Working with corporate clients from unfamiliar industries

For many agencies, chances are they'll be presented with opportunities to work with businesses in markets they're not used to navigating. Craig McGuire finds best practices for playing in a new field

For many agencies, chances are they'll be presented with opportunities to work with businesses in markets they're not used to navigating. Craig McGuire finds best practices for playing in a new field

Unless your agency caters exclusively to a specific niche, chances are you may sometimes find yourself challenged to service clients in industries outside your comfort zone.

Rather than turn away new business or risk ruining what could be valuable long-term relationships, there are a few strategies that agencies can use to play in unfamiliar markets.

Reaction Marketing Group (RMG) generally works in the b-to-b technology space, but successfully fielded opportunities this year in such industries as moving and storage, cosmetics, chemicals, and home and garden.

"We find the main problem is that happy clients sometimes move on and don't stay in the same industry," says president Jeremy Porter. "They only want to work with you, regardless of the specialty that you have."

So when a client who had worked in IT services opened an equestrian facility with her husband, RMG got the call. The firm also picked up a new business opportunity when an application development client recommended RMG to her friend in the moving industry.

But Porter notes that agencies shouldn't rush into every opportunity.

"Sometimes there isn't a lot of new business activity and there is perfectly good money sitting on the table - that's the wrong way to approach client engagement," he says. "I think people that hire agencies develop a comfort level with people they've had success working with before. It makes sense from a relationship standpoint, but not from a business standpoint. This is the equivalent of saying, 'I like my dentist. Maybe he can do my laser eye surgery, too.'"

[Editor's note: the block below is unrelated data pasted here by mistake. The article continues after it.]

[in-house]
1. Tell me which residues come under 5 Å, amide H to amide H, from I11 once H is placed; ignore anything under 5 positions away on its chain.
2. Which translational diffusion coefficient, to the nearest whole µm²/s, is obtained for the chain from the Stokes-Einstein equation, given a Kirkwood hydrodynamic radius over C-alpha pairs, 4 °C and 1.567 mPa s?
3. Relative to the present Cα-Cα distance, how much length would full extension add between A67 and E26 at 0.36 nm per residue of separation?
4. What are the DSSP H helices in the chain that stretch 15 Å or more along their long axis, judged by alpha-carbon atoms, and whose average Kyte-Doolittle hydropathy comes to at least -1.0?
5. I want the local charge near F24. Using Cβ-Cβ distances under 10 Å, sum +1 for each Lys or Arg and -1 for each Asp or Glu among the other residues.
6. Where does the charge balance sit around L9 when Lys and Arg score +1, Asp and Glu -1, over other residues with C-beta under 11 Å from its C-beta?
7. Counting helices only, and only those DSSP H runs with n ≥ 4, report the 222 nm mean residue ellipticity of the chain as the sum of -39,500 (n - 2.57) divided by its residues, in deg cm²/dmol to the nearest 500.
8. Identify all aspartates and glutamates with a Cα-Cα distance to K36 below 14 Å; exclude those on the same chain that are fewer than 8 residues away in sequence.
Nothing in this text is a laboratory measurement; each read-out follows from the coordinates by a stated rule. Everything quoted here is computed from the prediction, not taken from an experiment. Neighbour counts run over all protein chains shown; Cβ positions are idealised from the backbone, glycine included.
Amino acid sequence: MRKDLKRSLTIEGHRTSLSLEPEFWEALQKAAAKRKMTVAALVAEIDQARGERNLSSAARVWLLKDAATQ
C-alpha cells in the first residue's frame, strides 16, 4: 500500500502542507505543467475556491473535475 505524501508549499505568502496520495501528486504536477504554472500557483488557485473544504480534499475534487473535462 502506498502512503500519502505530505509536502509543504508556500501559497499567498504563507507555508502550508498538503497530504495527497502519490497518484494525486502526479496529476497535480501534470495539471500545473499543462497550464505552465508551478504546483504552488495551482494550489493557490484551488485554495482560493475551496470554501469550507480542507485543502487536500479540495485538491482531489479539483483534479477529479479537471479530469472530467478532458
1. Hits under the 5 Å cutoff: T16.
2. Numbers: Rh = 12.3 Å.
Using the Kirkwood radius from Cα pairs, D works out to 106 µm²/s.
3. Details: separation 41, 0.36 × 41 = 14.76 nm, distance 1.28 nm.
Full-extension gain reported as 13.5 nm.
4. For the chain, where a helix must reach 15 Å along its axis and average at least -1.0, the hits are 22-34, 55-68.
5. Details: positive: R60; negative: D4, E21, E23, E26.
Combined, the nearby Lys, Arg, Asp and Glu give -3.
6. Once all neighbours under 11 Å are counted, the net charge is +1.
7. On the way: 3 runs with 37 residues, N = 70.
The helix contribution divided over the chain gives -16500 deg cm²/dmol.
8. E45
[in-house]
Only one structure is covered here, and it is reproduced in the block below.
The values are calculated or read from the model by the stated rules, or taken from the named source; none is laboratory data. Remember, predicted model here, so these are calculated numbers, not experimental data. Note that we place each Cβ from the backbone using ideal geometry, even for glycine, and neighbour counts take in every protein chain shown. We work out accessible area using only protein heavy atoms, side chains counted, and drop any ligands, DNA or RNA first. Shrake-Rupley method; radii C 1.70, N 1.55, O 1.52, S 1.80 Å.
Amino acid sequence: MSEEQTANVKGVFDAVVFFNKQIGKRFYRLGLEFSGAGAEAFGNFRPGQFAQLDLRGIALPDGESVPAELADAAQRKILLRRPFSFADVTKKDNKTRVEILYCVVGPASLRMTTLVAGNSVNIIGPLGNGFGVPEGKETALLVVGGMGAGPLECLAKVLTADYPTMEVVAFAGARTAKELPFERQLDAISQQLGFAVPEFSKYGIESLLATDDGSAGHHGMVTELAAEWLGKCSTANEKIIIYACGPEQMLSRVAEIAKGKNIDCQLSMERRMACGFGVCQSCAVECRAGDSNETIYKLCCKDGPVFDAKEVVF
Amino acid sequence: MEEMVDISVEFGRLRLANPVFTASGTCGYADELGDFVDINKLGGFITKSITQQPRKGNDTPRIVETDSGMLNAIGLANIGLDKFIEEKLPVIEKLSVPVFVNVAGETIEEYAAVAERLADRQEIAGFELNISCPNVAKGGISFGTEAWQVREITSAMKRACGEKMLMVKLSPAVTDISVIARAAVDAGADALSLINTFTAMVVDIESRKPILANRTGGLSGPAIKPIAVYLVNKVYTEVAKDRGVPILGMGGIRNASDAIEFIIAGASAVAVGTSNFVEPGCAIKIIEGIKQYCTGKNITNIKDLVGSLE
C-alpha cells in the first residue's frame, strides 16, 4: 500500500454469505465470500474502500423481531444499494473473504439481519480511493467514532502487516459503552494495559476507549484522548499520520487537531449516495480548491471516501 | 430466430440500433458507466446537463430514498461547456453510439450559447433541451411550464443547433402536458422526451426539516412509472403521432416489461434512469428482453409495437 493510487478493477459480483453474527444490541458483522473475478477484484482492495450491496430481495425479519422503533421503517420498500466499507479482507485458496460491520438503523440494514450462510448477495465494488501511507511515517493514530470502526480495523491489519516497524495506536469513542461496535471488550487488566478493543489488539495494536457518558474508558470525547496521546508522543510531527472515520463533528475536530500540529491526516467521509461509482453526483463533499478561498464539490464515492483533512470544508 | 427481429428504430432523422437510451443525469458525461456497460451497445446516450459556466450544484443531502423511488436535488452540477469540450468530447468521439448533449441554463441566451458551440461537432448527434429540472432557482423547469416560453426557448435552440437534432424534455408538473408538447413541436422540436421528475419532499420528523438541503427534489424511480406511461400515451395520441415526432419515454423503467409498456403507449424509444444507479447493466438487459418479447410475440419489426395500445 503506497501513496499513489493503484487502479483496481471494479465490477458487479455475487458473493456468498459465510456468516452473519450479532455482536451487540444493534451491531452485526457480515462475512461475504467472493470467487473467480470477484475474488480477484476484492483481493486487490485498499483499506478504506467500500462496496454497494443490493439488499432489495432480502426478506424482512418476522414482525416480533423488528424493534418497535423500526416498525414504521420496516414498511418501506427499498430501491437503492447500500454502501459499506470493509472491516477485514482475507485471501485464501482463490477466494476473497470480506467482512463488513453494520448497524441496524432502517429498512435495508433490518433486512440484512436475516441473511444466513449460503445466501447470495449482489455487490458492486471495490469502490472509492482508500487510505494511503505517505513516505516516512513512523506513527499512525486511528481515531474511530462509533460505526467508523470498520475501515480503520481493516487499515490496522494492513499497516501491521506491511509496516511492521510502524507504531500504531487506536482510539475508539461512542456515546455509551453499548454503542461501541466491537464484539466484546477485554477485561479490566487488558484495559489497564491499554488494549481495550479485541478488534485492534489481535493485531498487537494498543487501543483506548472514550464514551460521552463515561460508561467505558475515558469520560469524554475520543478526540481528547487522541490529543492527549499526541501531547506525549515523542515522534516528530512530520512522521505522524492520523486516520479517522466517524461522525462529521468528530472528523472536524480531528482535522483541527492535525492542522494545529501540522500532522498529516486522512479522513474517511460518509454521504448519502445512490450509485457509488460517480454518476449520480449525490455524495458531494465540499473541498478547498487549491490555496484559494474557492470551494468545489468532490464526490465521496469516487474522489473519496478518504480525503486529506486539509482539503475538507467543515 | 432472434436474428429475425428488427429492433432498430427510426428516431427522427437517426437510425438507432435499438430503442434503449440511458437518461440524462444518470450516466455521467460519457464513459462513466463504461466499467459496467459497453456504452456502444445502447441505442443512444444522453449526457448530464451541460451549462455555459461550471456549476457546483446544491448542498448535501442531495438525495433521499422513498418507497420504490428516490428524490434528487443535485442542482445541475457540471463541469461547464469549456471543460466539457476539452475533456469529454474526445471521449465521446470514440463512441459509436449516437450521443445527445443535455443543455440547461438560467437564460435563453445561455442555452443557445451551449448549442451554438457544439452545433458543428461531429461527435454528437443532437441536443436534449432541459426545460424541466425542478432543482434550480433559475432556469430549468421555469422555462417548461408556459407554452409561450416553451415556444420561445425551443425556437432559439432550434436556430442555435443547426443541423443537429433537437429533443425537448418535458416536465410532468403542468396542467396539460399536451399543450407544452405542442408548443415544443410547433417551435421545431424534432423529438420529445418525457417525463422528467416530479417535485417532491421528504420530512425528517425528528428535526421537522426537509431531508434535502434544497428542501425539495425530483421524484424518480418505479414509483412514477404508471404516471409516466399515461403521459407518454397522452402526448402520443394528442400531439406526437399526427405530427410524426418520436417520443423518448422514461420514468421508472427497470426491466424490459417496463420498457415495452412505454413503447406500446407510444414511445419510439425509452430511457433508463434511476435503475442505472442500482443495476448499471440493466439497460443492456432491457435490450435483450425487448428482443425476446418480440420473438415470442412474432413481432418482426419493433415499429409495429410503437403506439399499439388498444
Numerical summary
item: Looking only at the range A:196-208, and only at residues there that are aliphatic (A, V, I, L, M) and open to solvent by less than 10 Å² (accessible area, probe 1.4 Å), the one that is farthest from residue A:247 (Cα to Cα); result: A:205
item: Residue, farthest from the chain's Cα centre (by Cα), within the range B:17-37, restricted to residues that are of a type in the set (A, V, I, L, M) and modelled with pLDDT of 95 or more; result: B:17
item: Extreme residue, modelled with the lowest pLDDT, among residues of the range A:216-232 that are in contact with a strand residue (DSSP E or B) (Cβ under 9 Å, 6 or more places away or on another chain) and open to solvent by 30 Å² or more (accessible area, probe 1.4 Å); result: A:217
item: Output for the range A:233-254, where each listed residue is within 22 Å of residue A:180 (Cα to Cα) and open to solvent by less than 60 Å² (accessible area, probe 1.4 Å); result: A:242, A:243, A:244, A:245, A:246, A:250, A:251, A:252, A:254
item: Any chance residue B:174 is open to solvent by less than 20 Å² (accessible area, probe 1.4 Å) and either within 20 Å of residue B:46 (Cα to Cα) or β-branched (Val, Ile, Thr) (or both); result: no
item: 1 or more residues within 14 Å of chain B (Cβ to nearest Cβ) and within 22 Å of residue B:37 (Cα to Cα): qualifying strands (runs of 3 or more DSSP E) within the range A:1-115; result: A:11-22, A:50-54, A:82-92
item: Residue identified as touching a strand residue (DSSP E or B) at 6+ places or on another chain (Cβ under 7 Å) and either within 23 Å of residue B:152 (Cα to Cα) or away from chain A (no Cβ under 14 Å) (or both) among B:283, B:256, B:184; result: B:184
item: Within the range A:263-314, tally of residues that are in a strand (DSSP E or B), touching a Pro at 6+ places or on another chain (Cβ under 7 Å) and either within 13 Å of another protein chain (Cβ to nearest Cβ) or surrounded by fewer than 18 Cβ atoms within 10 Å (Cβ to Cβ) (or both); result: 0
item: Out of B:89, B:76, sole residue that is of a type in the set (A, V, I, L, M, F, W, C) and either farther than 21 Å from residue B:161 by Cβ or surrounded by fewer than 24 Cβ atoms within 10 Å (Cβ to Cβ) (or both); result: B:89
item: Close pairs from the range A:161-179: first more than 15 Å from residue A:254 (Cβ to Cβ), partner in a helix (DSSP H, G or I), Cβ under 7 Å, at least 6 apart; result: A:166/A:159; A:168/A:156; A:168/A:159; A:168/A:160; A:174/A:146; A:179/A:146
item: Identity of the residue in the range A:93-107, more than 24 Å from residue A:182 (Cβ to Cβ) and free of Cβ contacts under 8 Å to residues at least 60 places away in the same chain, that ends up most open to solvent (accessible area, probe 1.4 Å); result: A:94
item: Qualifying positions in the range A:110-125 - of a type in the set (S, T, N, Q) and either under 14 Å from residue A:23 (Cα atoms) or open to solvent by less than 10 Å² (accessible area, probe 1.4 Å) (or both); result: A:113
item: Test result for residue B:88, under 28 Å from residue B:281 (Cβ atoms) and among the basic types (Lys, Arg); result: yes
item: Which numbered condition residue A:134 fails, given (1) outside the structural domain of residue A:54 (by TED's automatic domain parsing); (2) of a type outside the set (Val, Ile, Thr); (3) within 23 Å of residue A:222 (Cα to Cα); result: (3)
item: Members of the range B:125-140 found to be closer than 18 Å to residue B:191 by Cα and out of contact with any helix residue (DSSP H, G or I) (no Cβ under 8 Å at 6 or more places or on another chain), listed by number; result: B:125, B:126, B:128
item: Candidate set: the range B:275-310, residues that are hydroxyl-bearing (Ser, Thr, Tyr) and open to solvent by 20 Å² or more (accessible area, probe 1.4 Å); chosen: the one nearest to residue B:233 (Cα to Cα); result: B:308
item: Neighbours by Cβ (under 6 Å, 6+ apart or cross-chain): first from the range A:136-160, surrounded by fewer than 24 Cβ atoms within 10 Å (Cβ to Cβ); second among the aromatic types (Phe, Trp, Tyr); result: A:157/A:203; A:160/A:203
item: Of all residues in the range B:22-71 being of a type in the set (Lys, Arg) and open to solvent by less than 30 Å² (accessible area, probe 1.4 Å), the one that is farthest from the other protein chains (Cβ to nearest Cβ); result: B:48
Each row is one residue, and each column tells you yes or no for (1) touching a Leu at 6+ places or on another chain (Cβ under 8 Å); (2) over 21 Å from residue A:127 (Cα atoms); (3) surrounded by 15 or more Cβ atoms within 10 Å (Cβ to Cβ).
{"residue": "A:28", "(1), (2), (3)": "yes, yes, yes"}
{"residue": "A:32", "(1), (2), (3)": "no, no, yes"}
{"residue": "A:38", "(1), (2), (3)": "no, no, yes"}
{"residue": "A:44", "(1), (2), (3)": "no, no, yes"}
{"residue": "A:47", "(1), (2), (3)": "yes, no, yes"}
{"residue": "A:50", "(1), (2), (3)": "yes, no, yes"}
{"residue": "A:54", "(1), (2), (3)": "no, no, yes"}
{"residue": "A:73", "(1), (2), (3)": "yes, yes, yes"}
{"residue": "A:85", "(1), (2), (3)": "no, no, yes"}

Porter notes that agencies must determine whether the potential client understands what the agency can deliver, can work within the typical fee structure, and has someone internally who can offer guidance.

"We can live with one of the categories being out of alignment, but more than one and we'll walk away from the opportunity," he says.

At Boulder, CO-based Metzger Associates, CEO John Metzger notes that it's important to foster collaboration across practices so that staffers become comfortable working on unfamiliar projects.

"We have a 'news room' office environment in which PR pros talk and hear each other pitching trends that converge and cross industries from enterprise software to whiskey-soaked beef jerky," Metzger says. "We can quickly comprehend and package the innovation angle of any company's story. This is what journalists care about most, no matter if it's about a new software program, a healthcare company, or a new consumer product."

It's also important to recognize that different accounts require different levels of service.

BookPros Literary Publicists is a boutique agency based in Austin, TX, that specializes in launch campaigns for fiction and nonfiction books.

However, when a few unusual situations cropped up this past year - a computer game debut, a continuing- education seminar launch - they were not about to turn away the business.
"Though our publicists know how to hawk books in vertical markets, we have limited experience with corporate clients launching other types of products that require a longer-term strategy," says Jennifer McAndrew, senior publicist at BookPros.

She advises agencies to first identify whether they have team members with prior knowledge of the industry. And she notes that staffing on the account, both in terms of numbers and experience levels, should reflect the scope of the work.

"Teams for our corporate clients include both a publicist and our publicity director, while our typical book campaigns only include a publicist and assistant publicist," McAndrew says. "[We] assign an editor to the account team for increased writing needs and adjust timelines to allow for longer campaign length."

BookPros, which typically launches books in three to four months, needed to consider that corporate client launch campaigns can take a minimum of six months. It also needed to factor in time spent building relationships with a new set of reporters.

"The advantages of such an approach are the potential for the agency to gain expertise and recognition in a new industry and increase PR service," McAndrew says.

What to ask before taking on new clients

Do they understand what you do and value/need it?

Do they have somebody on the inside that can work with you? (Not having a marketing manager is often a bad sign.)

Do they have the budget to afford your normal prices?

Is there chemistry?

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